Interesting. I have no halos and artifacting in any of my edited photos, but you apparently seem to know so much more about my photos than I do, so I'm assuming this is the part where I'm supposed to bow down and grovel before your vast knowledge and intellect.

     
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    May 5, 2012 11:48 PM   in reply to christianbobak

    christianbobak wrote:

     

    Interesting. I have no halos and artifacting in any of my edited photos, but you apparently seem to know so much more about my photos than I do, so I'm assuming this is the part where I'm supposed to bow down and grovel before your vast knowledge and intellect.

     

    Like it or not Adobe have done this because it gives better results, and it does.

     

    One can't help thinking those who constantly resort to the fill-light slider might be better off getting their exposures and fill lights right in-camera instead

     
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    May 6, 2012 12:08 AM   in reply to christianbobak

    christianbobak wrote:

     

    ...but you apparently seem to know so much more about my photos than I do, so I'm assuming this is the part where I'm supposed to bow down and grovel before your vast knowledge and intellect.

     

    Yes...since I seem to know just a bit more than you do...just sayin'.

     

    Either adopt PV 2012 or punt and use PV 2010. YMMV (my image quality is much better with PV 2012). Don't know about your's...

     

    Either way you have a choice...either stick your head in the sand and stick with PV 2010 or use PV 2012...that's your choice. Sorry bud, but either adapt and adopt or piss$moan. PV 2012 ain't gonna change because of you. Deal with it...

     
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    May 6, 2012 12:30 AM   in reply to christianbobak

    Lapsing into casual racism does rather show up the kind of person you obviously are Christian

     
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    May 6, 2012 1:11 AM   in reply to christianbobak

    christianbobak wrote:

     

    Otay, mista Jeff, suh. You de man, suh.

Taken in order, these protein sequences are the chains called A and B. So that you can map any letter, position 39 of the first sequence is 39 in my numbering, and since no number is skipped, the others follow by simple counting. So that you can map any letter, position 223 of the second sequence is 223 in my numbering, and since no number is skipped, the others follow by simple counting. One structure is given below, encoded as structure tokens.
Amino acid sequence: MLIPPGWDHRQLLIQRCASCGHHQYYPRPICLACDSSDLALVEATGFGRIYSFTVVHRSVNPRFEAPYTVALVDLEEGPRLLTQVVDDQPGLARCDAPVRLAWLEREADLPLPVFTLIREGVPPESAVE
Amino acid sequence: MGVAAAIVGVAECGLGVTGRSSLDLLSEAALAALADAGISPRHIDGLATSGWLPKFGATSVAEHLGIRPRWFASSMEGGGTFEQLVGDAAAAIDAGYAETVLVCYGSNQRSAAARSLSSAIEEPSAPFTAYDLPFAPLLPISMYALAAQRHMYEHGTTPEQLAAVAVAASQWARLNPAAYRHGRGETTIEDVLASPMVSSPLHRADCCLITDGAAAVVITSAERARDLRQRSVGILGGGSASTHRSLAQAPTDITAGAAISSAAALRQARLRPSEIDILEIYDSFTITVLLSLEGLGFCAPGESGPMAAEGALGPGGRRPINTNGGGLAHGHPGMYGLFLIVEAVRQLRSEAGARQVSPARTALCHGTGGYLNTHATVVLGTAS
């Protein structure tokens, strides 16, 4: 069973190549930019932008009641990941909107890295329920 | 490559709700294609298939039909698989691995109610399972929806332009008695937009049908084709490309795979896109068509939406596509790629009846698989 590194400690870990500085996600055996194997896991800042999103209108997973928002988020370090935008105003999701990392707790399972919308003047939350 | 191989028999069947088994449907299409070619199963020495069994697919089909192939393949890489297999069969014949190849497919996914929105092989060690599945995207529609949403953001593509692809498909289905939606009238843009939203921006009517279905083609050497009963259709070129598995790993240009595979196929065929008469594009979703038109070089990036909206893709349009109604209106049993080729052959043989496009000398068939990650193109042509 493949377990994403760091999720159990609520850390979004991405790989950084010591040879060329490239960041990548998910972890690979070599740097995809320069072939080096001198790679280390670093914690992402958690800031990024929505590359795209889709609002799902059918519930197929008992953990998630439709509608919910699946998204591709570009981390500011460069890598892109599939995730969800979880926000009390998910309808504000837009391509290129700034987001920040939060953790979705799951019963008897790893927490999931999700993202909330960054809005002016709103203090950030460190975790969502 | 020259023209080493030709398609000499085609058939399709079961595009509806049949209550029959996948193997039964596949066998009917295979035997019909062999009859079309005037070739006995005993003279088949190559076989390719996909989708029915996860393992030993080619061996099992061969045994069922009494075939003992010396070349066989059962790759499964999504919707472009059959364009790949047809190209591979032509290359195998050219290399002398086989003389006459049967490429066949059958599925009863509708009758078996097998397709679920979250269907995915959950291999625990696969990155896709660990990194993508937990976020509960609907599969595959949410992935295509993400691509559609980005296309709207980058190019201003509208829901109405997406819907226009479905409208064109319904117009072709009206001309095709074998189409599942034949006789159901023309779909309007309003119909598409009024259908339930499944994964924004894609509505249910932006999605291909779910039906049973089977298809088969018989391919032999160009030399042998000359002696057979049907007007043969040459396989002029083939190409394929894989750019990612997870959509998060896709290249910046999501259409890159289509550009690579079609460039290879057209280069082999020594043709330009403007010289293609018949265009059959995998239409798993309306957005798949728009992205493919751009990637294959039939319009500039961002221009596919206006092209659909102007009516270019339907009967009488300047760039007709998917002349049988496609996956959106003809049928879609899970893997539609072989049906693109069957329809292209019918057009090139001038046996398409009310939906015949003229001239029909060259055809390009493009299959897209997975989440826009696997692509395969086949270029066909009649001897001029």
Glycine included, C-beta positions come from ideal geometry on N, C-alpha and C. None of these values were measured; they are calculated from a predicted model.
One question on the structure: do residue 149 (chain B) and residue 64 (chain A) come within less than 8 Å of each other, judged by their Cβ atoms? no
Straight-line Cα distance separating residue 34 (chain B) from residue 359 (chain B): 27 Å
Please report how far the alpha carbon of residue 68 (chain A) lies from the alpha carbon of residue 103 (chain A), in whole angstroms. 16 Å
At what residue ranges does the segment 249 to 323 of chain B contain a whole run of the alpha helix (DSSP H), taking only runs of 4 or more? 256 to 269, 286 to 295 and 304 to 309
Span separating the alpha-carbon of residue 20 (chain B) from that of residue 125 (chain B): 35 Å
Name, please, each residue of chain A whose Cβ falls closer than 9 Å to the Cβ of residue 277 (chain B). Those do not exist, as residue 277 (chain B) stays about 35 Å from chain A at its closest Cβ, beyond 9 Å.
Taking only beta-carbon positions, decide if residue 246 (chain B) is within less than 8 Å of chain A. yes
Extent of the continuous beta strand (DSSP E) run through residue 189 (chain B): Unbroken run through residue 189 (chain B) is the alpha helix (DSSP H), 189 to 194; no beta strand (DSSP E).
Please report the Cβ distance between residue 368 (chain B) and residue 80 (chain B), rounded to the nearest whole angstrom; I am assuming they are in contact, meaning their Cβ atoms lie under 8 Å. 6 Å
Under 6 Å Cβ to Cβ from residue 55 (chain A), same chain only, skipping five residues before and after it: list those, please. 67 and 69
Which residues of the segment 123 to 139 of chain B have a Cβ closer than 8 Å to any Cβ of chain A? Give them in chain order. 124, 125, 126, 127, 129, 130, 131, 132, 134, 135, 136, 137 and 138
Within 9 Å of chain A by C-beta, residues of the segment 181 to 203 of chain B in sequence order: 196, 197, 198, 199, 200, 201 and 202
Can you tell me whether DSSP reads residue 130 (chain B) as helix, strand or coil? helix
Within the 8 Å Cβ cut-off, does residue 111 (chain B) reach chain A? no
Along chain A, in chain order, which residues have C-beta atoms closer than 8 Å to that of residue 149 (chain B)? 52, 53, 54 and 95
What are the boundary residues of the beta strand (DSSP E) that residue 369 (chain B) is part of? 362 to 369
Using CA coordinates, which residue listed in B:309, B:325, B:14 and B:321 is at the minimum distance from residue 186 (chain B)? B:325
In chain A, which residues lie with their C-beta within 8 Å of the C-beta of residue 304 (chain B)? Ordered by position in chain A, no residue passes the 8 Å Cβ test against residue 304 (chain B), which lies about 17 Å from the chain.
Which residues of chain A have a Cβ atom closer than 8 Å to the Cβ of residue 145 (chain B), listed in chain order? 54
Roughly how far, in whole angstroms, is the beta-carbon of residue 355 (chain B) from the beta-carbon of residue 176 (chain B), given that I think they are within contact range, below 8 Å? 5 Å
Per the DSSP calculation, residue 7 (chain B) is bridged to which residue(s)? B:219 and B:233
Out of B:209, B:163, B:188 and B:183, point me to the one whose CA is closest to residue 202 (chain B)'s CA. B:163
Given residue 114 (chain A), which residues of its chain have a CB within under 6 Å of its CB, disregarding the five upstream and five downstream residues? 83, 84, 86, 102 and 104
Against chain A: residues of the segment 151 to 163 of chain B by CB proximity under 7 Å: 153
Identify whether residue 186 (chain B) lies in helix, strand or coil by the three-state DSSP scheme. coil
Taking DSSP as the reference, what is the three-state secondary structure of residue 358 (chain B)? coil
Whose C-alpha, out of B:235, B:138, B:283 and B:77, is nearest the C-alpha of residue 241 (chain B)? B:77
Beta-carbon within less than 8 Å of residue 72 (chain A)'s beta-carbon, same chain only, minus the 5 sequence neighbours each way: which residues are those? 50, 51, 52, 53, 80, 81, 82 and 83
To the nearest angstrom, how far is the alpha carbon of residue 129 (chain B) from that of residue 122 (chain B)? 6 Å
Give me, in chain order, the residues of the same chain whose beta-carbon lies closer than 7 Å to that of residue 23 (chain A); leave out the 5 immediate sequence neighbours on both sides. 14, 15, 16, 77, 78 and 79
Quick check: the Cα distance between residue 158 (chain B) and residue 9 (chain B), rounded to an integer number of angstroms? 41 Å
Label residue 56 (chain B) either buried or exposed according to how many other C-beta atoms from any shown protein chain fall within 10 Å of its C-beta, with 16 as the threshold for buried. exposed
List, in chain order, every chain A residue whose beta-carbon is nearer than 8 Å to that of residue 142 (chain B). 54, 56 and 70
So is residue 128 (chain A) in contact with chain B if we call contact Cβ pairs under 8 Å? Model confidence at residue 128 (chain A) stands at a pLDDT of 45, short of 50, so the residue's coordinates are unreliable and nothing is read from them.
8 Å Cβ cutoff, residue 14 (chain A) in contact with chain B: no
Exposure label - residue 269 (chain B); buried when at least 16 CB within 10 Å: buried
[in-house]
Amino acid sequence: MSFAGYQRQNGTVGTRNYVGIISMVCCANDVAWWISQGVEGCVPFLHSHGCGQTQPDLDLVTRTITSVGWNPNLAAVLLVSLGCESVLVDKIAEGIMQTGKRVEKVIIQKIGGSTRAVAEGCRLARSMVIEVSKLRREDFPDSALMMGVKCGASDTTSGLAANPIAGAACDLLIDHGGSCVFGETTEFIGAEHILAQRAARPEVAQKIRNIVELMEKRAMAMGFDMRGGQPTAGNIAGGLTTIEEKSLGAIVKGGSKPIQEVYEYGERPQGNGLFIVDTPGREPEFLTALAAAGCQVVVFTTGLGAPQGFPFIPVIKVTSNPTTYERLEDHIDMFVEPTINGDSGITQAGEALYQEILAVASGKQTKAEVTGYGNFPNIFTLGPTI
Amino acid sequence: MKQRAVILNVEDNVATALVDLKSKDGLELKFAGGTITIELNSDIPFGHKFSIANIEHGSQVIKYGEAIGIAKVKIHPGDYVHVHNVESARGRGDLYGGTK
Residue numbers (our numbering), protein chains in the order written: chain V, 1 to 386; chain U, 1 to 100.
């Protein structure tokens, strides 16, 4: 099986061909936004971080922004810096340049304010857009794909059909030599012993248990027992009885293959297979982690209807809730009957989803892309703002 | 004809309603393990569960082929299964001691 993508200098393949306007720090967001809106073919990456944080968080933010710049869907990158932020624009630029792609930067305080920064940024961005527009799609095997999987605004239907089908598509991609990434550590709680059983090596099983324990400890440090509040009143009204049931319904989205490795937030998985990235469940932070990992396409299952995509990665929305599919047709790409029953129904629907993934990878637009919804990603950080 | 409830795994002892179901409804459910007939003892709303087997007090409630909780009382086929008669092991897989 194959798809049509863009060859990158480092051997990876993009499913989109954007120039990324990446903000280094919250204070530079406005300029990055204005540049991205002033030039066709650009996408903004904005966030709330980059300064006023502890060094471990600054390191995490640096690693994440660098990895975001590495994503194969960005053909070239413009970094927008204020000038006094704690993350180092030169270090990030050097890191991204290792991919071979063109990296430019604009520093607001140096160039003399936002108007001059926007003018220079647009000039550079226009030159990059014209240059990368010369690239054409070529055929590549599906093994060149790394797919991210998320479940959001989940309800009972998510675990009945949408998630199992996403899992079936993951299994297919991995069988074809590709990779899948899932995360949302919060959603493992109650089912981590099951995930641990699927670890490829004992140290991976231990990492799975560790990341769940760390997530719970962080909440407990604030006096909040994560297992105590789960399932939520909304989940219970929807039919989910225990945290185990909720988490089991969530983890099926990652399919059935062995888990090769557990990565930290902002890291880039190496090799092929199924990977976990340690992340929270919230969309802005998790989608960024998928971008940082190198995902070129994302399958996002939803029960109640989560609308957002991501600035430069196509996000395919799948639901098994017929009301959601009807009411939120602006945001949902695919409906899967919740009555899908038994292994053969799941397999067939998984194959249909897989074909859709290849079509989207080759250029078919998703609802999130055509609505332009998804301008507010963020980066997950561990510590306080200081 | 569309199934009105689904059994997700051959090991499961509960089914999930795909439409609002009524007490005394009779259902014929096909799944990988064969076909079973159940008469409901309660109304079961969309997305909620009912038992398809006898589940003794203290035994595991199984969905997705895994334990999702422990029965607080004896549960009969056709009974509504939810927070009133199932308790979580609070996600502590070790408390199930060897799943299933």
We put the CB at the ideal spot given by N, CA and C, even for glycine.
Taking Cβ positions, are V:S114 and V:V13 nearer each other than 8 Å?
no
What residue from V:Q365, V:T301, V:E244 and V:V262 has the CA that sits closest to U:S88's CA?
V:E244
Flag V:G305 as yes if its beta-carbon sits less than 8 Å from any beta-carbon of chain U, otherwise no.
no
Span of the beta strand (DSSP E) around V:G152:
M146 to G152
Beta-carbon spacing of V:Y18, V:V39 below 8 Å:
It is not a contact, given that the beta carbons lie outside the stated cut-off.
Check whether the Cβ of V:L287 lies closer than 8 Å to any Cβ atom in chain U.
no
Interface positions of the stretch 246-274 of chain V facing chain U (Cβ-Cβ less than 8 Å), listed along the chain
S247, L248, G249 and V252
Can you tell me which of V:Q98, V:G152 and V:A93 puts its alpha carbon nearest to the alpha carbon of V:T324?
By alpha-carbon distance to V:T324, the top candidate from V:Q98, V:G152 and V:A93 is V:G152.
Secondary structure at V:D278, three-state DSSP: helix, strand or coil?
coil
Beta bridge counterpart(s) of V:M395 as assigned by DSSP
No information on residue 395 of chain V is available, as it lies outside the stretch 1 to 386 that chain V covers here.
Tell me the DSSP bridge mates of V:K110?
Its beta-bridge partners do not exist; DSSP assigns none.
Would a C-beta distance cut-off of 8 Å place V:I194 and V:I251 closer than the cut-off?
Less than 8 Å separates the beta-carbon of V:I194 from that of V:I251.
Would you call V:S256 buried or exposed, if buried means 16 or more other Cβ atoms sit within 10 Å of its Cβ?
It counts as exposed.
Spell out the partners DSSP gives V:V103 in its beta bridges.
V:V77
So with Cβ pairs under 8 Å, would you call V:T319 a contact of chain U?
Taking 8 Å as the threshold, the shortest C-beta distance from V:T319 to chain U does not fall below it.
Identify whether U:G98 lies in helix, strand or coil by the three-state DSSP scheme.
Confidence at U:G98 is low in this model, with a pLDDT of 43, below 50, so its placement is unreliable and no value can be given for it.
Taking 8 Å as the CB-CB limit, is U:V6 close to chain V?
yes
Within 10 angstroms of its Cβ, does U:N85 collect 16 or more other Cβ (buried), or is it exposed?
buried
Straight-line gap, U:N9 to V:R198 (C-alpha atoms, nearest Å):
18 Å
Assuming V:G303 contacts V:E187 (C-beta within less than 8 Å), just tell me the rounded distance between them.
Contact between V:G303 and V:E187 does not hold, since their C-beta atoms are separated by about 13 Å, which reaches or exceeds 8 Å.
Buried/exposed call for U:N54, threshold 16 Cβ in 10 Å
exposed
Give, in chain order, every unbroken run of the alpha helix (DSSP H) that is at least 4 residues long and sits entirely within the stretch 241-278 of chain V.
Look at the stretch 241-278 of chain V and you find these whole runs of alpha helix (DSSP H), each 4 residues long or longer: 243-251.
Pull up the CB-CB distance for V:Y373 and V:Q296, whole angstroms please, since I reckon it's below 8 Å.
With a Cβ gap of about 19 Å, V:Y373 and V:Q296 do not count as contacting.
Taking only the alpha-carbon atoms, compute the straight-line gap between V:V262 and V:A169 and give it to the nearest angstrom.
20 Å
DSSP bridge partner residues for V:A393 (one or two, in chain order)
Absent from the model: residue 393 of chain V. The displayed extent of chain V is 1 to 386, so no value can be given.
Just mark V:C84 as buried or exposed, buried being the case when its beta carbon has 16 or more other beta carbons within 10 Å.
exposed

Guess you don't really "grok" this stuff huh?

     

    I've been the co-author of Real World Camera Raw since version CS3. I've been directly involved in the development of Lightroom as well as Camera Raw (don't work FOR Adobe but I sometimes work WITH Adobe). Particularly with the image sharpening of ACR 4.X and LR 3.X. The output sharpening in LR 3.x is based on the routines of PixelGenius PhotoKit Sharpener (which I am a founding member of).

     

    So, yes bud...what you think you know and what I actually know is a bit different...you want to measure creds? You lose...

     

    So get over yourself...PV 2012 is a MAJOR advance...what you THINK you've lost is minimal (at best) and what you've received in it's place is major...

     

    But, hey, YOU be the judge.,if you don't like PV 2012, just use PV 2010...and if you think you've been ripped off on the upgrade, Adobe has a 30 day return policy...get your *******' money back doode...

     

    Guess your life sucks huh?

     

    Move on...PV 2012 ain't gonna change because you are "displeased"...you can keep posting if ya want...ain't gonna change a thing (and I suspect you know that). You keep trying to one up me, ain't gonna happen....

     

    Move along...these aren't the droids you are looking for...

    (and if that don't work, you are, well, a dummy–sorry to be blunt, but, well, that's the truth bud).

     

    You won't win this battle so only an idiot would keep banging his head against a brick wall. Keep banging your head if ya want...no skin off my nose.

     

    PV 2012 is a vast improvement and it requires that you relearn what you think you know...(and no, there's no real indication you really know how to use PV 2012 even if you think you know–you don't dooode).

     
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    May 6, 2012 2:26 AM   in reply to Jeff Schewe

    Jeff Schewe wrote:

     

     

    Guess you don't really "grok" this stuff huh?

     

     

    Thanks Jeff, it's Sunday and I just learned a new word!

     
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    May 6, 2012 2:48 AM   in reply to christianbobak

    As if your ignorant beligerent arrogance wasn't enough Christian, we get your RACISM (which I have reported) now?